A Lean Journey with The Sumo Wrestler
The crunch on financial markets globally has prompted business leaders to effectively free up valuable cash, which is often tied up with processes and activities that are not directly linked to customers' needs and requirements. You could see that there is demand for Lean experts as these corporations begin their Lean Journey—perhaps the need to eliminate a history of non-value-added work.
A Lean Journey typically focuses on developing the ability of resources and internal experts to effectively identify the Seven Deadly Wastes or even Muda, Muri and Mura, as well as to undertake a thorough Value Analysis on every aspect of a process.
Starting on Your Organization’s Lean Journey
Where does one start in an organization that has not made any Lean improvements? Basic skills such as recognizing waste, walking through the process to identify these wastes and generating ideas/solutions to eliminate them is one approach of embarking on a Lean Journey. Alternately, one could also consider developing a culture of 5S and reviewing workstations and shop-floors to ensure that unnecessary items, activities and wastes are not in the way of daily productivity.
There are many Lean toolsets that are basic and could be introduced to an organization rapidly—the opinion is that there is no hard and fast rule to say that a specific set of tools are mandatory tools for beginners on a Lean Journey.
A Lean Journey is like starting a franchise—the entry cost is low but the risks of failure are high because the goals can get off-sight.
The journey needs to begin with management buy-in, and all mid-level managers and supervisors must have their goals and objectives aligned towards the Lean Journey. A collective mindset to improve is essential.
The Monk and the Sumo Wrestler
Robin Sharma's The Monk Who Sold His Ferrari discusses something called "Kaizen." This is typical terminology in the Lean toolset. Business leaders who are novice to the Lean toolset usually become intrigued at first at the thought that this was some sort of martial arts tactic from Japan, like sumo wrestling. They have not heard of it.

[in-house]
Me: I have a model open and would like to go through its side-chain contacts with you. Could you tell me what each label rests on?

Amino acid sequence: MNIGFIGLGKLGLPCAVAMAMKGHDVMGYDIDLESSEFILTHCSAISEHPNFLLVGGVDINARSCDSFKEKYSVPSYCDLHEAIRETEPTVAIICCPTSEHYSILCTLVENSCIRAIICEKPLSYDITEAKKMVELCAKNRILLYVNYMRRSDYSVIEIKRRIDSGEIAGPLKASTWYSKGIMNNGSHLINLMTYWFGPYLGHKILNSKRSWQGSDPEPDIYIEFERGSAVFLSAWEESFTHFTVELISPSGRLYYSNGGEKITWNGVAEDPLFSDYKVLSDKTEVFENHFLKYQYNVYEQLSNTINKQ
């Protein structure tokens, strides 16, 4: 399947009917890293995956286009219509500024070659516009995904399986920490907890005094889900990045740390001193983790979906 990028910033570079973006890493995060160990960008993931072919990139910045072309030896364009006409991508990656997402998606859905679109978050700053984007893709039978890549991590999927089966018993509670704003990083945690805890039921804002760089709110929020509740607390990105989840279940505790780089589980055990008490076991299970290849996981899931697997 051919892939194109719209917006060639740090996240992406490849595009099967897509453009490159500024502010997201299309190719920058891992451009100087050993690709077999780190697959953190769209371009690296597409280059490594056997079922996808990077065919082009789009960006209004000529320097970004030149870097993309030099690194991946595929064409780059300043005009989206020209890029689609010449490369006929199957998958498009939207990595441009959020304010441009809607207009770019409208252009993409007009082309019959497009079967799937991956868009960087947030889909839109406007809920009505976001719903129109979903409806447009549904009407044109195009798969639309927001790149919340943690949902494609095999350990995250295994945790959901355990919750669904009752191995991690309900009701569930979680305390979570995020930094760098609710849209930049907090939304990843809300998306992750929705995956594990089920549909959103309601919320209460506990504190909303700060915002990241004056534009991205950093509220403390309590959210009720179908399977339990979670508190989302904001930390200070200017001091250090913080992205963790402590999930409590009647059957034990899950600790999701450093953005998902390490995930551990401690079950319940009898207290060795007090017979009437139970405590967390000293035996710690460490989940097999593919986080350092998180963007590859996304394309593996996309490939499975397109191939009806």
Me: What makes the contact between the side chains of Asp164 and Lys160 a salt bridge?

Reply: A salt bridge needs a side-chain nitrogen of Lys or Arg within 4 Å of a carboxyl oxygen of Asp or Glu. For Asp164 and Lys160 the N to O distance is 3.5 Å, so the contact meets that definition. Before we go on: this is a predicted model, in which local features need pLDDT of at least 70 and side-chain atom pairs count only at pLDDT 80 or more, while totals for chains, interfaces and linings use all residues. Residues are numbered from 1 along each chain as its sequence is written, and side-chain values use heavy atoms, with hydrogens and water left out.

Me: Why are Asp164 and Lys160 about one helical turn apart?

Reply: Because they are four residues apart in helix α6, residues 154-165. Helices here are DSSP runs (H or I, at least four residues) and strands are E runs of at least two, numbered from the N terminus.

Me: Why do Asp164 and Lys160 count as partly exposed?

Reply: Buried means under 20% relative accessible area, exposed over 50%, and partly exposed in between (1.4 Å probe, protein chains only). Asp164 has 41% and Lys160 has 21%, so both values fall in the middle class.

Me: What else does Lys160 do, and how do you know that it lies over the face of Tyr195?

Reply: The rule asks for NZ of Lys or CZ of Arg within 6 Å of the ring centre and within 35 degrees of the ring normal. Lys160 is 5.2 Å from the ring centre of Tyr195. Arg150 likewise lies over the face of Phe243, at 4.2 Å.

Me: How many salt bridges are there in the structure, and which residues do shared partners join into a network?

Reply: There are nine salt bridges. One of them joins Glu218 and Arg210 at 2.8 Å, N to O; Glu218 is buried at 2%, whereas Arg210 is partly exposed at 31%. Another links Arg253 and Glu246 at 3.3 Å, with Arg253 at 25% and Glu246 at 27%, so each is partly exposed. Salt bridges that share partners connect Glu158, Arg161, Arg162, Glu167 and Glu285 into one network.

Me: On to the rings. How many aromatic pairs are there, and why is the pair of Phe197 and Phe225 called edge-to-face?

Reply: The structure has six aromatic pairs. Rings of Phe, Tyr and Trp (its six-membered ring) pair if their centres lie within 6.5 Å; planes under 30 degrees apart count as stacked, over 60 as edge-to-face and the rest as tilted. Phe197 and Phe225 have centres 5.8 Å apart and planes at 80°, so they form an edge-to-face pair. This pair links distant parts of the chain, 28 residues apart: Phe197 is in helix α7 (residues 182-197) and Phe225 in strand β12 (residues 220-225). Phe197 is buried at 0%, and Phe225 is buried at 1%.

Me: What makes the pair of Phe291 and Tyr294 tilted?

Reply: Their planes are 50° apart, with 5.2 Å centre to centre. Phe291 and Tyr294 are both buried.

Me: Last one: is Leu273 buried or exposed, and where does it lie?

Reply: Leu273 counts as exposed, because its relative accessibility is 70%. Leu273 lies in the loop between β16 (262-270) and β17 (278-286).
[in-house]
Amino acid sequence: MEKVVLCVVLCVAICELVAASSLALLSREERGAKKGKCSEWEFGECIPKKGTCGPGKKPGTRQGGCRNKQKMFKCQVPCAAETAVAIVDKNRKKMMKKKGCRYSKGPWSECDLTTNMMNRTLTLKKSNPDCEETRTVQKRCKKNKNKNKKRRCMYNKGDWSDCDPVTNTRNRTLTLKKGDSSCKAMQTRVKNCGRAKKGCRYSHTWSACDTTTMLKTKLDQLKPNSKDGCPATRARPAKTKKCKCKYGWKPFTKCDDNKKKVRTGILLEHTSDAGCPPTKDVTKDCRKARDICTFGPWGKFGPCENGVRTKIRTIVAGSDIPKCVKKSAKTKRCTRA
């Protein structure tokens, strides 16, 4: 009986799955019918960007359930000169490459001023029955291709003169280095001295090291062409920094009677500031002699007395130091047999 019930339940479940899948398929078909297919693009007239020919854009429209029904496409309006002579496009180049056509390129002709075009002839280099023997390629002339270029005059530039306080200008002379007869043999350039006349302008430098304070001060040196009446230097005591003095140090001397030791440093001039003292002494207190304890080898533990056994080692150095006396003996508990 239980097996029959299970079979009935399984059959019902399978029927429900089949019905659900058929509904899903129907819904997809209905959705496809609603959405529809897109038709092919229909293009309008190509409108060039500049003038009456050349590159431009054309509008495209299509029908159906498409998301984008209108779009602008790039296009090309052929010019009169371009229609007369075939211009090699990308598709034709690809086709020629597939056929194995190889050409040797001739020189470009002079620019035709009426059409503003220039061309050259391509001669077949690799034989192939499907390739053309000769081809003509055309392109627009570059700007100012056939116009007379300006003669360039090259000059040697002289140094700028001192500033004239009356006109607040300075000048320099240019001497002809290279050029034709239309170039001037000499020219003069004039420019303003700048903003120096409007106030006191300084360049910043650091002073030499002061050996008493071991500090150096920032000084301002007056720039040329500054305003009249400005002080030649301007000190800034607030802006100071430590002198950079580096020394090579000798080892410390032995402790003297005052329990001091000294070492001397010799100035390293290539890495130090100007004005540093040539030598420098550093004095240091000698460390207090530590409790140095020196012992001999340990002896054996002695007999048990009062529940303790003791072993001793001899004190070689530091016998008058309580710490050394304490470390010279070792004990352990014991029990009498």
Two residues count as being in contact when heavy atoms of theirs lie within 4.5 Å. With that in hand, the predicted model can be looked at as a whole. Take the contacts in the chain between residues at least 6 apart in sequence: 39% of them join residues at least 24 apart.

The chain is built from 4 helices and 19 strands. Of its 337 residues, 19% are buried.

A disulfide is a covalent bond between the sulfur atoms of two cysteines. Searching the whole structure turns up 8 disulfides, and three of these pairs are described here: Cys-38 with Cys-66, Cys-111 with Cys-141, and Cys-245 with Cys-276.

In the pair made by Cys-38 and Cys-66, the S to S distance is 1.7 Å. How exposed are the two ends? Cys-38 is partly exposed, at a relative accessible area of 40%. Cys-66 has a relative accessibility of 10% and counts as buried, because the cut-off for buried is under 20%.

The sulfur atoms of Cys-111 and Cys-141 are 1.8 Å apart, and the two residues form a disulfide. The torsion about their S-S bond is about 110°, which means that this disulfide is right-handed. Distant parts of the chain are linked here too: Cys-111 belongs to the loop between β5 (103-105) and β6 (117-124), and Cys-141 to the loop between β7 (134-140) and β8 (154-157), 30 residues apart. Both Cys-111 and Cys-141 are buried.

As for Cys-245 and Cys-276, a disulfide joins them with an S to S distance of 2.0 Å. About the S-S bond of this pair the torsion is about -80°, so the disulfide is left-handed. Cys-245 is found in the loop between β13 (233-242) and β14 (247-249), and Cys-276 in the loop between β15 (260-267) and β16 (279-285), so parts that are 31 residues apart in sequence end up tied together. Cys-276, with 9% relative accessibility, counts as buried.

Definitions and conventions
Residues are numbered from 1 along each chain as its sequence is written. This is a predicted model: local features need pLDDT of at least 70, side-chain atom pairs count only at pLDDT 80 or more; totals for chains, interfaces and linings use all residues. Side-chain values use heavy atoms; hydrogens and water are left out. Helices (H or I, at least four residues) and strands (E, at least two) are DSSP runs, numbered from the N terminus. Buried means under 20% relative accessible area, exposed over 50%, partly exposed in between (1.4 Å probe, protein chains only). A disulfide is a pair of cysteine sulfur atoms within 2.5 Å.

Strangely, Sharma’s chapter on Kaizen was a welcomed discovery. It had nothing to do with martial arts, but it did have a "9 foot tall, 900 pound Japanese sumo wrestler."
Here is what Sharma says on "Kaizen":
"...many centuries ago in the ancient East, the great teachers developed and refined a philosophy called Kaizen. This Japanese word means constant and never-ending improvement. And it's the personal trademark of every man and woman who is living a soaring, fully awakened existence."
Kaizen is all about self-mastery. It is about building a strong character, a discipline filled with energy and optimistic thinking.
Tying Kaizen to the Lean Journey
What does this all have to do with the Lean Journey? Well, the Lean Journey includes Kaizen of a not-too-different kind. Kaizen, after all, is about "constant and never-ending improvement," which falls squarely into continuous improvement.
In the book, Kaizen: The Key to Japan's Competitive Business, Maasaaki Imai popularized the term. The concept is applicable to self-improvement and continuous improvement in any area of business. Much like Lean manufacturing, eliminating the waste and improving standardized activities and processes.
In Chinese, they say gai shan, which means "change for the better" or "improve."
Essentially, to benefit, whether it is an individual’s benefit or a company’s benefit or even a society’s benefit, one needs to change. Kaizen is all about change. As Sharma put it, "Change is the most powerful force in our society today. Most people fear it, the wise embrace it. Zen tradition speaks of a beginner's mind: Those who keep their minds open to new concepts—those whose cups are always empty—will always move to higher levels of achievement and fulfillment."
Change Management is Critical for Adopting the Lean Journey
Change management is the most complex aspect of any Lean or Six Sigma deployment. Even leaders of continuous improvement programs believe that "change is essential and good as long as it doesn't affect me." This makes embedding Lean within the DNA of an organization a challenge. Perhaps, it is because self mastery of skills and tools is not considered as the foundation of life mastery from an organizational aspect.